Meanwhile, informal Emiratis have been there for decades longer than the actual country has existed. One of my father's oldest friends during his early years in Abu Dhabi was an engineer. He was both a third-generation expat Emirati and a Palestinian. His grandfather had left his village in Galilee in 1949 and had wound up in the northern emirate of Ras Al-Khaimah, where he had started a chicken farm. By my early teenage years, this Emirati Palestinian clan counted over twenty individuals, who occupied various posts in both private businesses and government enterprises. Their story mirrored that of many Palestinians after the Nakba, who alongside the Lebanese, Egyptians, Iranians, Indians and Pakistanis, played a vital role in the building of the modern Gulf petrocracies. Unfortunately, the supply of willing workers long appeared inexhaustible. Each new conflagration in Israel-Palestine prompted a new flight of migration, and so the Palestinian immigrants in the Gulf were largely treated as expendable. While the UAE's government has always made a public show of its sizable contributions to Palestinian charities, it has never extended the warm hand of citizenship or long-term residency, which is precisely what the overwhelming majority of expat Emirati Palestinians both want and deserve.

A pragmatic solution to the woes of expatriate Abu Dhabians remains as distant now as it was when my family first moved to the UAE. However, their cause – and the overall issue of an individual's right to place – is nevertheless a global cause for concern. In his Reflections on Happiness & Positivity, Sheikh Mohammed claims to have taken cues from Aristotle, Ibn Khaldun and the US's Founding Fathers to reach his conclusion that “tolerance is no catchphrase, but a quality we must cherish and practice” since “the government's job is to achieve happiness”. For the moment, however, the UAE's interpretation of happiness excludes almost 90 per cent of its people.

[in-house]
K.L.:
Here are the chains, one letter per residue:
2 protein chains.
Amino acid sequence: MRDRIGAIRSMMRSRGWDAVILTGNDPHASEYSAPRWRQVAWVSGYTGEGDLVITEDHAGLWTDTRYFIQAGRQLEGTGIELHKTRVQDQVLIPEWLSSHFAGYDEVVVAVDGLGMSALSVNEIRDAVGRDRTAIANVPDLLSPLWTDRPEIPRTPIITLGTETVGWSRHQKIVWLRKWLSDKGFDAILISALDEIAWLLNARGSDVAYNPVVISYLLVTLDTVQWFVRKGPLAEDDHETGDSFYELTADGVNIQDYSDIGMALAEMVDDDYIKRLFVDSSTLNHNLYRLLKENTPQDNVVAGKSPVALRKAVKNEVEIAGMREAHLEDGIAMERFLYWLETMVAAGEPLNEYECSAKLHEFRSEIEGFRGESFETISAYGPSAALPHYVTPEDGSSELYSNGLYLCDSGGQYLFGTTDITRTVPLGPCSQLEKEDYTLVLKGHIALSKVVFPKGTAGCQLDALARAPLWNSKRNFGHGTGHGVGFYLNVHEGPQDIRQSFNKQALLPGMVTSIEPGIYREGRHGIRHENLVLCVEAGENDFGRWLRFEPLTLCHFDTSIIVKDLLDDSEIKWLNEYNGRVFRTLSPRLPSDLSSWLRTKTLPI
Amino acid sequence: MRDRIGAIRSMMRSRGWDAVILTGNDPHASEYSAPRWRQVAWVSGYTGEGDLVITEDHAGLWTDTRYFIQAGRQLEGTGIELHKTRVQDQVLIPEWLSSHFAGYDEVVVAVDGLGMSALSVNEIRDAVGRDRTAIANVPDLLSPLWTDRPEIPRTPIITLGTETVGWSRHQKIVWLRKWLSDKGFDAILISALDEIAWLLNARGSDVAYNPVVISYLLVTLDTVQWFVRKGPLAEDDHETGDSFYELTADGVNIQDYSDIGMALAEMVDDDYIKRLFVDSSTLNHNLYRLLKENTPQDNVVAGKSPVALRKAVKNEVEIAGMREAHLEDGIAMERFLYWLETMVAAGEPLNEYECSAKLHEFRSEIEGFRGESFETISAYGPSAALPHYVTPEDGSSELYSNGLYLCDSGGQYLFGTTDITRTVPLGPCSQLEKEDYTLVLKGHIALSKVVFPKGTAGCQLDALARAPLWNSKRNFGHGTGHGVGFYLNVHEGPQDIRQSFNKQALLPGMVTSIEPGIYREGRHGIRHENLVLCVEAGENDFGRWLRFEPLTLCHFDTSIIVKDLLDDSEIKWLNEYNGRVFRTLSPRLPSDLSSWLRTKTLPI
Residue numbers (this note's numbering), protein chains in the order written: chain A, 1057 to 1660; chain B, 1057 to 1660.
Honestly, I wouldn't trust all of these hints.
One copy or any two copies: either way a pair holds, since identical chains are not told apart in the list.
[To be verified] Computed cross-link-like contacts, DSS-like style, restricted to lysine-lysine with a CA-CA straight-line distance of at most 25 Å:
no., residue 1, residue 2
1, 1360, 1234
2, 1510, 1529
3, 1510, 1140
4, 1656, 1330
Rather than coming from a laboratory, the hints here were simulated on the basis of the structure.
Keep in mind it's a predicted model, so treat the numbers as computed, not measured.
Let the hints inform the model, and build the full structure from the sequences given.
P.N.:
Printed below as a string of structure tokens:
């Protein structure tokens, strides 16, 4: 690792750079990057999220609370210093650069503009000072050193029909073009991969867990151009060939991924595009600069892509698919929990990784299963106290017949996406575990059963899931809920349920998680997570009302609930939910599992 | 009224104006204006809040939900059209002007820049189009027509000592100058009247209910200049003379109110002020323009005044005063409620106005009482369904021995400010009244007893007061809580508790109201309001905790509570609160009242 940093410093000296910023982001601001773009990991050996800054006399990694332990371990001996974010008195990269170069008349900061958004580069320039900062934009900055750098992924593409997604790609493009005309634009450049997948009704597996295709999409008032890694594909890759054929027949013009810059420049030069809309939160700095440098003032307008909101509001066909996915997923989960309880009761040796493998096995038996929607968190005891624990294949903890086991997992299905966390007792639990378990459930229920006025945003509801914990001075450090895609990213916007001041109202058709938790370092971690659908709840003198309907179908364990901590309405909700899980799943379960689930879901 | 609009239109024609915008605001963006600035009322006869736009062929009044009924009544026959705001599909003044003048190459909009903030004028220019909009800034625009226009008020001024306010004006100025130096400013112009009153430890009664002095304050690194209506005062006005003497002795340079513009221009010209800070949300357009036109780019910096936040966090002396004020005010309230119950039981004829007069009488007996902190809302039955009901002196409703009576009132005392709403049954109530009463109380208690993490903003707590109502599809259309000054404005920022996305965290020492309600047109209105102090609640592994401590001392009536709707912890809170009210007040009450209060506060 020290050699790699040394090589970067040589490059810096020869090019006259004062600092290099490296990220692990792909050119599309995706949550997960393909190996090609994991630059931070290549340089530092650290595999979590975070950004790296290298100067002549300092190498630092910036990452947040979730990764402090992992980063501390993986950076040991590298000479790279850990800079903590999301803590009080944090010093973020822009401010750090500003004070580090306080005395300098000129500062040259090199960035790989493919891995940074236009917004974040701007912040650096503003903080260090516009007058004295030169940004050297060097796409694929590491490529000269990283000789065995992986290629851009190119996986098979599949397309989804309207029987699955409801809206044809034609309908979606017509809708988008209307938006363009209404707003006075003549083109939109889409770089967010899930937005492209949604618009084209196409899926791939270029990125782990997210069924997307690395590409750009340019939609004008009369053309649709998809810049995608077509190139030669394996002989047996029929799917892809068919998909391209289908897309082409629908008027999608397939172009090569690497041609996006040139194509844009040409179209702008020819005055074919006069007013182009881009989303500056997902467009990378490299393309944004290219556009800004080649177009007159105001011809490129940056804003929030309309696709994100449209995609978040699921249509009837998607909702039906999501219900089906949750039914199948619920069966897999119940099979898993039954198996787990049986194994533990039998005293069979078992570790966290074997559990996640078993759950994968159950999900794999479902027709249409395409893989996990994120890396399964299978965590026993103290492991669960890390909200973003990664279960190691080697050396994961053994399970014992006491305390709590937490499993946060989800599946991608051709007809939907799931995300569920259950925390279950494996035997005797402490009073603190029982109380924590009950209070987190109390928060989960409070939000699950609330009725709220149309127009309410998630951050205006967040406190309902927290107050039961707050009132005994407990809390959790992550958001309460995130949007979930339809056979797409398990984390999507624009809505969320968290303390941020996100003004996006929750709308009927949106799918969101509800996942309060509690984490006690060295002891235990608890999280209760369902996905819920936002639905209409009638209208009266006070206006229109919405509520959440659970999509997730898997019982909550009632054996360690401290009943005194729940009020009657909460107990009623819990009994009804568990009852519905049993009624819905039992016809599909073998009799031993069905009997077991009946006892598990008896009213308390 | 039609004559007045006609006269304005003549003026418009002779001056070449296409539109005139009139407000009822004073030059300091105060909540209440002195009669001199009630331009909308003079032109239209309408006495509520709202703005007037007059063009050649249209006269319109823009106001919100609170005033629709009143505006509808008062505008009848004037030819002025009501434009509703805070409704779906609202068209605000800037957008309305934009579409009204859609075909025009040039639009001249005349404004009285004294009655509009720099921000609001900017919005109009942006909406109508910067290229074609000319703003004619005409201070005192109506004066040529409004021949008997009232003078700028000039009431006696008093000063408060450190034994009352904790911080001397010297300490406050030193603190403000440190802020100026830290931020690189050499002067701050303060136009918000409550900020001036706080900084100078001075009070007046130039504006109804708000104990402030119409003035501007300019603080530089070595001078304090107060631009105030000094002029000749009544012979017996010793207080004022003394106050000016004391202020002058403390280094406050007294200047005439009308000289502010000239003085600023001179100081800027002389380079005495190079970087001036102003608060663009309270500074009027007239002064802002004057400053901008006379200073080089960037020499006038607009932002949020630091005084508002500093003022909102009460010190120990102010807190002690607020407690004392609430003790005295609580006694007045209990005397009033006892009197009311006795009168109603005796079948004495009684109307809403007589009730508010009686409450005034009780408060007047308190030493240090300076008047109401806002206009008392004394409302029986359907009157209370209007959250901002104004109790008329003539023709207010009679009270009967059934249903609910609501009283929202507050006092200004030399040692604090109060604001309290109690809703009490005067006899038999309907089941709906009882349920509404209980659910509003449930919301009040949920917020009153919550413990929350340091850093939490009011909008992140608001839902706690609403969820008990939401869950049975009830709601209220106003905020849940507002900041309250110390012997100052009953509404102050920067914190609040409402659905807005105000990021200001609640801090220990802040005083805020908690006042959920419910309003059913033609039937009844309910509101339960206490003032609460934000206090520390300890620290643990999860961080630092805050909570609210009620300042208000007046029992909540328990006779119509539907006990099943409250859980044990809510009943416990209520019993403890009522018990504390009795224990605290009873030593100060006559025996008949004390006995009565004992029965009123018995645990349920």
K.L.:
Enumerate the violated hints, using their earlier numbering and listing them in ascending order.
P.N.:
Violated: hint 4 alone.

Whether the UAE survives as a functional state may well largely depend on its ability to retain and absorb its long-term expatriates. It is time for the country to attempt what Benedict Anderson called a “sophisticated and serious blending of the emancipatory possibilities of both nationalism and internationalism”. The UAE is no paradise for migrant workers, but meanwhile those nomads and their children have developed a culture the rest of the world should finally begin to contend with. Last year, the UAE Pavilion at the Venice Biennale featured non-Emirati residents, such as Vikram Divecha and Lantian Xie. Deepak Unnikrishnan's novel Temporary People (Restless Books, 2017), which explored Abu Dhabi's hidden nuances through a sequence of interlinked stories tinged with magical realism, was recently published to highly-deserved acclaim. Dubai has even become home to exiled artists like Ramin Haerizadeh, Rokni Haerizadeh and Hesam Rahmanian.

For all that the Western world likes to caricature the UAE, the question of citizenship is not one confined to the expatriates of Abu Dhabi. Los Angeles, the city where I currently reside, is presently home to thousands of “Dreamers”, beneficiaries of the Obama-era legislation that protected the children of people who entered the US illegally, many of whom now face a very uncertain future. As for me, the familiar sight of pump jacks and foreign migrants outside my window keeps my memories of home – and hopes for a better future there – alive. Impractical or not, Abu Dhabi is my home, and I don't need a passport to prove it.

 

This article first appeared in the 22 November 2017 issue of the New Statesman, Europe: the new disorder